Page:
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Entering the Wilderness

The 4th book of the Torah opens with Parashat Bamidbar (Num.1:1–4:20) when the nation of Israel is called together in preparation for the physical and spiritual challenges they will face in the wilderness on their way to the Promised Land. Much like the time spent in the midbar by great leaders such as Moses and King David, the hardships they encounter should serve to unite the people, as well as strengthen and shape them—teaching Israel to rely only on HaShem. This preparatory period begins when G-d instructs Moses to take another census:


"Take a census of the whole Israelite fighting men by the clans of its ancestral houses, listing the names, every male, head by head. You and Aaron shall record them by their groups, from the age of twenty years up, all those in Israel who are able to bear arms. Associated with you shall be a participant from each tribe, each one the head of his ancestral house." -- Numbers 1:2-4


This is another in a series of roll calls for the nation, one that heralds a new phase for Israel. Rashi tells us that the census was taken because of G-d's care for His people. It also reminded them just how much they literally counted. More than a census, it was a crucial rededication of each person's unique talents, skills, and even their aspirations which had been refined during the 49 days of the Counting of the Omer wherein everyone measured their daily growth in preparation for an epic meeting on the 50th day with the Creator.


The people are counted as unique individuals—united in one purpose: to build a Holy nation that will be the salvation of the planet. But census served yet another purpose; to remind Israel how deeply connected they had been when they first arrived at Har Sinai. We see that in Exodus 19:2:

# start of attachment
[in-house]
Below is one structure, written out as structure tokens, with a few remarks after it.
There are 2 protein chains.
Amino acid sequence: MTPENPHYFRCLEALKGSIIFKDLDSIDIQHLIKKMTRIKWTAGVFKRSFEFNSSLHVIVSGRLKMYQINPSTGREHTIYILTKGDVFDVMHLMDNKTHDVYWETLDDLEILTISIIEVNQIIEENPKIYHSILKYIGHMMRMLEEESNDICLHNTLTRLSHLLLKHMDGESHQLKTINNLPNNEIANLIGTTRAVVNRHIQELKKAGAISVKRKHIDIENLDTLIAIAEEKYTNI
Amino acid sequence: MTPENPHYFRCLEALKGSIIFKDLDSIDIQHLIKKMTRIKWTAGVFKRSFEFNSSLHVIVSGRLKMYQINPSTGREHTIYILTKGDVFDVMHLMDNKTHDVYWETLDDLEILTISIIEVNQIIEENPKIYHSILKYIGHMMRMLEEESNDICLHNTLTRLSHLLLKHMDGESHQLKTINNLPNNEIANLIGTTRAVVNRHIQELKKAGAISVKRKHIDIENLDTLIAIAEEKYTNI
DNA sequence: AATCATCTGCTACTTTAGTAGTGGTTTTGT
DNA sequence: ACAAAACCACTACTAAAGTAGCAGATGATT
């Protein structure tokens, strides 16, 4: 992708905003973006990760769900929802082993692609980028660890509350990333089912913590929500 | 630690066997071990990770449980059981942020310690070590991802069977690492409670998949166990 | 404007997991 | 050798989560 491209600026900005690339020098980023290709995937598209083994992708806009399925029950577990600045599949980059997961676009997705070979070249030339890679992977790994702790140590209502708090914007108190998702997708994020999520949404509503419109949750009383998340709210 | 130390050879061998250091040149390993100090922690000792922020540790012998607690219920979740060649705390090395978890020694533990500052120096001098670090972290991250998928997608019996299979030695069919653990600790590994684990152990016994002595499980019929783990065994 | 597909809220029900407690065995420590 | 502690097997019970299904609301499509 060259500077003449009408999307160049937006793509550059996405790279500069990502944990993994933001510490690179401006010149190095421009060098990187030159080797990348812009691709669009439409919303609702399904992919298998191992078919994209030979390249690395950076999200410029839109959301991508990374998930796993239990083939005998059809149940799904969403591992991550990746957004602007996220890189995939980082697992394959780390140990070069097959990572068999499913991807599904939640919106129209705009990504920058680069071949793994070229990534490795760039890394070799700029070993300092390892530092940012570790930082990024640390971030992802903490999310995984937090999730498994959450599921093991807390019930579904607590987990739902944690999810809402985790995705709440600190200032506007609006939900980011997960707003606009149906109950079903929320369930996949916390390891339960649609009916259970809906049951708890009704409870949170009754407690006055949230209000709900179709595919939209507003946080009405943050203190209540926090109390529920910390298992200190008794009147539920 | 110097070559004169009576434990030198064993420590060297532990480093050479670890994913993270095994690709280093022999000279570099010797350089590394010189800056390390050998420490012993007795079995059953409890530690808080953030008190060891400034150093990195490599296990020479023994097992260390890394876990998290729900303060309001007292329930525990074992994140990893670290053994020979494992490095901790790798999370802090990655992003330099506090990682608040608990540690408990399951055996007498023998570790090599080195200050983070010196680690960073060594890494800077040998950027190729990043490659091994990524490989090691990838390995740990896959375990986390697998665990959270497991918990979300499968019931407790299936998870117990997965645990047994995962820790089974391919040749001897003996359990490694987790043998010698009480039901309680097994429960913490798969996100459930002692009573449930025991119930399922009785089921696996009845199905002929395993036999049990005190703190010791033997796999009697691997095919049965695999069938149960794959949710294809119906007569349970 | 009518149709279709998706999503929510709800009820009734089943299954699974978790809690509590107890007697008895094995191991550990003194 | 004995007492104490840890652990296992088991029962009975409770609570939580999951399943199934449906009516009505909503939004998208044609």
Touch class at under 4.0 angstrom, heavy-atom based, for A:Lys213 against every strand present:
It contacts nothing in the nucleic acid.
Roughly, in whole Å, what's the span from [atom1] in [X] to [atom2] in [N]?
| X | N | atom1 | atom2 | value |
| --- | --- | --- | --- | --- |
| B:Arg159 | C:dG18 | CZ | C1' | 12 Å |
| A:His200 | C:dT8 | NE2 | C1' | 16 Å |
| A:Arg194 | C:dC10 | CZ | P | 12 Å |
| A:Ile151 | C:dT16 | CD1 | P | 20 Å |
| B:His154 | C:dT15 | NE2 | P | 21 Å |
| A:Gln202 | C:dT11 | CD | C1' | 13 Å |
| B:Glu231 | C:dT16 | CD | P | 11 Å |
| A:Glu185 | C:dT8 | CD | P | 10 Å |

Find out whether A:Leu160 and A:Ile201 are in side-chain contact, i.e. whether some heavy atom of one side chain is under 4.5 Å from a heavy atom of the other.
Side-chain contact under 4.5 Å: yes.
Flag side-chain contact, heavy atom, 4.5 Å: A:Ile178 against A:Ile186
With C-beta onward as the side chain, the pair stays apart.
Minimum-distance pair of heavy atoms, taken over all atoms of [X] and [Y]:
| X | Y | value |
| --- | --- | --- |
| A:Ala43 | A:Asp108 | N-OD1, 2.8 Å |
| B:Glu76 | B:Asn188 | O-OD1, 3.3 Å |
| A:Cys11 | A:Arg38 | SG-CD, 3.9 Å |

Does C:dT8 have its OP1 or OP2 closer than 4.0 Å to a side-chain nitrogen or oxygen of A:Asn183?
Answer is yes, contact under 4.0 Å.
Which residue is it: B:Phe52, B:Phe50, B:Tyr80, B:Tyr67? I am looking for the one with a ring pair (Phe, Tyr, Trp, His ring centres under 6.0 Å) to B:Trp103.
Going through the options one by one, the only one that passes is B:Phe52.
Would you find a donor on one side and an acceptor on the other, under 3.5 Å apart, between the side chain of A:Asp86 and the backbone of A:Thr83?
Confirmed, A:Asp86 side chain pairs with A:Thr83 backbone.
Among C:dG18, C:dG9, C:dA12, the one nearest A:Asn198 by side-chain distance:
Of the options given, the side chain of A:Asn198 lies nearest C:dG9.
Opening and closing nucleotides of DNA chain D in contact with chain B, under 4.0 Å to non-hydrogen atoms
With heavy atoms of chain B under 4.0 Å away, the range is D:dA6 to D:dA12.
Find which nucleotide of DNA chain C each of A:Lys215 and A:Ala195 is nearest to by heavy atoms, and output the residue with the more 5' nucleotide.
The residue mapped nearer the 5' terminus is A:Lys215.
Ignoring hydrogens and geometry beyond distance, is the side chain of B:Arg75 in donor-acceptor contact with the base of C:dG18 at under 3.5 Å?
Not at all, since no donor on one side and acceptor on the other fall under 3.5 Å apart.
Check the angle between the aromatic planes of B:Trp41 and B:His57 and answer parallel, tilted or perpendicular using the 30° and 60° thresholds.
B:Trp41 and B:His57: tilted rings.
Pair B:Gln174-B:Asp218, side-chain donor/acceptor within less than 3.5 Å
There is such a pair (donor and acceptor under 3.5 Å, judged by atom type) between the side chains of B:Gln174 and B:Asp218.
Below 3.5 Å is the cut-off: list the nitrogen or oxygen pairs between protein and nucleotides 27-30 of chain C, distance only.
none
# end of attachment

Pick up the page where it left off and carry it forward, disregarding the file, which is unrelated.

"Having journeyed from Rephidim, they entered the wilderness of Sinai and encamped in the wilderness. Israel encamped there in front of the mountain."


Rashi, commenting on the above verse, states that the Hebrew word for encampment is also in the singular, rather than plural, to illustrate that the people were one of mind.


After the census, the Torah describes the placement of the 12 Tribes around the Mishkan, which was the beating heart of the nation. The positioning of the their tents recalls how the sons of Jacob supported their father's aron (casket) when it was transported from Egypt to eretz Israel for burial. That placement reflects how vital the Mishkan, and later the Temple were for the very existence of Israel wherein each Tribe has a specific role in supporting the work of the Temple.


Chapter Two of Numbers concludes with a listing of the legions of Israel and their banners, while Chapter Three references the Tribe of Levi, as well as the duties of the kohanim for dismantling and preparation for transporting the Tabernacle through the wilderness. The narrative opens, appropriately, by listing the lineage of Aaron but specifically mentions the deaths of Nadav and Avihu who would have carried on the lineage of the High Priest—had they not died for bringing “strange fire” to the dedication of the Mishkan. This curious reference to that tragedy written prior to the duties of the priesthood in this Torah portion, is a stark reminder to Israel of the gravity of G-d's commandments. Nadav and Avihu’s fate reminds us of Adam, when he was placed in Gan Eden, originally, to be the High Priest of the earth but failed to follow G-d’s instructions. The message to Israel is that HaShem cannot allow the stewards of His planet—His priesthood, to arbitrarily follow their imaginations. They would not survive and ultimately the planet would not survive either. It's a sobering reminder that despite the challenges of Israel's journey their continued growth was a necessity, one that holds true today. On a hopeful note, Rav Raphael Samson Hirsch wrote, “G-d’s Torah looks towards a time when our people have matured as the nation of G-d, the nation of the Torah of G-d."

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